Daybreakers: Vampires rule. . literally. Decent movie.

Things We Lost in the Fire: Halle Berry and Del Torio were very good. Depressing, slow film, but very good.

Sunday, July 18, 2010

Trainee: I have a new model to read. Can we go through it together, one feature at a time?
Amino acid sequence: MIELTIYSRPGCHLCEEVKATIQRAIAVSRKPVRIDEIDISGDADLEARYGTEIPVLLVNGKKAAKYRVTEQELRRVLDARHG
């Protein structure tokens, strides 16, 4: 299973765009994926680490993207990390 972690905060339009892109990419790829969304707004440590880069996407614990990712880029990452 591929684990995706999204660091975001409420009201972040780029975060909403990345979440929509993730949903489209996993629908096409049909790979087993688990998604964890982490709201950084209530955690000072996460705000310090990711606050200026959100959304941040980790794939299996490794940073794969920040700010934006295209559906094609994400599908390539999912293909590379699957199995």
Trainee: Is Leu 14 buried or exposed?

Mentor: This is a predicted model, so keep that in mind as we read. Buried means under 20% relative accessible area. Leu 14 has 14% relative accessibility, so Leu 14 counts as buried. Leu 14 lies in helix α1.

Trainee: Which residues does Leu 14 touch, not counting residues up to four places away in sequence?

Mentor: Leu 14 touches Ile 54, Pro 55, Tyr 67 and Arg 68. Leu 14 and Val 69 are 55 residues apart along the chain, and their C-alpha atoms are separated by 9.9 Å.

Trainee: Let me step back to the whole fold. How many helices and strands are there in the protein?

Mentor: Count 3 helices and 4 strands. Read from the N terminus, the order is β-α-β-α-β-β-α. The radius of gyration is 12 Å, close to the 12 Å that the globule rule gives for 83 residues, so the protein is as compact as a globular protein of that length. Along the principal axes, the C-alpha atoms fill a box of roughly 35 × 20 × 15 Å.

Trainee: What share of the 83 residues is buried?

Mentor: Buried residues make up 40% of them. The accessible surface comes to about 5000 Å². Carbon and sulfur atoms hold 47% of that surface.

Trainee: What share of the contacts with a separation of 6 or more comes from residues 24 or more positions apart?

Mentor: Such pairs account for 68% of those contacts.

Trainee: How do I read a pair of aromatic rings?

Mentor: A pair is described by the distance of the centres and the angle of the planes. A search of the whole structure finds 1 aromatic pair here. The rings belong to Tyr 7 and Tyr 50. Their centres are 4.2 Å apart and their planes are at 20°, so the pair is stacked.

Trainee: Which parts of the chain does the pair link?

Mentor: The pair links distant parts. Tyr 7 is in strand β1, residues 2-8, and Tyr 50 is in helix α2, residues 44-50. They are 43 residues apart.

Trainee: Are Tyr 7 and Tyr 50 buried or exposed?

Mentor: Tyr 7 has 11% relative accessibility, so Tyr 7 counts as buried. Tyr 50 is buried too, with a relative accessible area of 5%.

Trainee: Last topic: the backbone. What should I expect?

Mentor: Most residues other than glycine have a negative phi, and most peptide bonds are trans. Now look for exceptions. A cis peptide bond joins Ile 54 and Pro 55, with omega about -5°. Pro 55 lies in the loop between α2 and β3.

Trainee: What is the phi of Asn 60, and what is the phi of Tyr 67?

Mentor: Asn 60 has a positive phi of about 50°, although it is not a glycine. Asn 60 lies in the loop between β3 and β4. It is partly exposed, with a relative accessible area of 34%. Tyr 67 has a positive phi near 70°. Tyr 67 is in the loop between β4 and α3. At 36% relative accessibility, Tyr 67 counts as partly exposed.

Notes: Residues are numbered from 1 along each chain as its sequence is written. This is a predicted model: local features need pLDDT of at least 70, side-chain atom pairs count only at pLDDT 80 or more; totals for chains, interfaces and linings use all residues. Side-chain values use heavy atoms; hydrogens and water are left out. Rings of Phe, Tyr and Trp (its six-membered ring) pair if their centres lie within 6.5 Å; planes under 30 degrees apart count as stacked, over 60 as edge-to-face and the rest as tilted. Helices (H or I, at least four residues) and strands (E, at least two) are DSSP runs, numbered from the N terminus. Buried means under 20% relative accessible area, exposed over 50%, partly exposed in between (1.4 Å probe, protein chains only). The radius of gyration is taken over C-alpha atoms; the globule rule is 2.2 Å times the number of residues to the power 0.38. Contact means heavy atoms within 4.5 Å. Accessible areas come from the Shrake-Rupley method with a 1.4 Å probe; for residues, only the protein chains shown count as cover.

The disintegration of a family is never easy to witness, and it seems even more disturbing when it is a Japanese family (well hinted at in the opening scene as a storm rolls in), because of the rigid need to maintain authority and keep up appearances. One of the benefits of watching foreign films is hopefully getting a glimpse into the workings of the world, and I was distrubed and interested by Kiyoshi Kurosawa's Tokyo Sonata (2008), as the viewer watchs a newly downsized middle-manager struggle to control his household and find employment commesurate with what he had once held. Although homelessness and unemployment are fairly well known in America, it somehow comes as a small shock when you see its portrayal in Japan. But several aspects of the film left me cold, and, even angry. The main character (played by Teruyuki Kagawa) is not a likeable fellow, and I don't think he was likable even before he lost his job. I certainly did not like the way he treated his wife, almost indifferently (one of the best and moving scenes is when she asks of help getting up from a couch, and yet her husband is so self-absorbed that he has already walked away), though she struggles to maintain a beautiful home and provide all the motherly responsibilities to him and their two sons. Taking into account some of the violence against his youngest son is partly a result of his emotional implosion from having to take demeaning (for him) employment (which I applauded actually, because he was willing to do it for his family, even if it hurt, rather than take an easier, more permananet, way out), he still does not seem one who could handle any threat to his authority. In fact, while not directly stated, I think he lost his job partly because he would not accept a downward position, which I know can be hard for anyone. His two sons both seem to have little real respect for him, want to get away from him. One decides to join the US military and the other attempts to play piano, despite dad's expressed refusal to alllow it on both counts. The younger one is especially bright and will fight against unchecked, overbearing authority, either by his teacher or father. The mother (played by a very lovely Kyoko Koizumi) is faithful and stalwart in keeping the family runnign along, even whne she knows her husband is lying to her. She maintains his authority and doesn't challenge him (can it truly be like that, or is she a weak character?), even when she could have blunted or even stopped him from certain of his decisions. The filmmaker, im think, tries to show that the father has redeeming qualities, such as his taking the poorer job, standing in handout lines, and givign back lost cash he has found, but it never really works, even the part in many western films where the father grudgingly acknowledges some special talent one of his offspring has exhibited. Basically, I just didn't like the guy. Even the piano teacher (Haruka Igawa), who should have been a more likeable character, just doesn't seem to pull it off. In the end, I enjoyed the movie for the most part, but I wouldn't place it in the highest rank. I wonder how my Japanese friends reacted to it, as I am sure there were cultural clues that simply went over my head.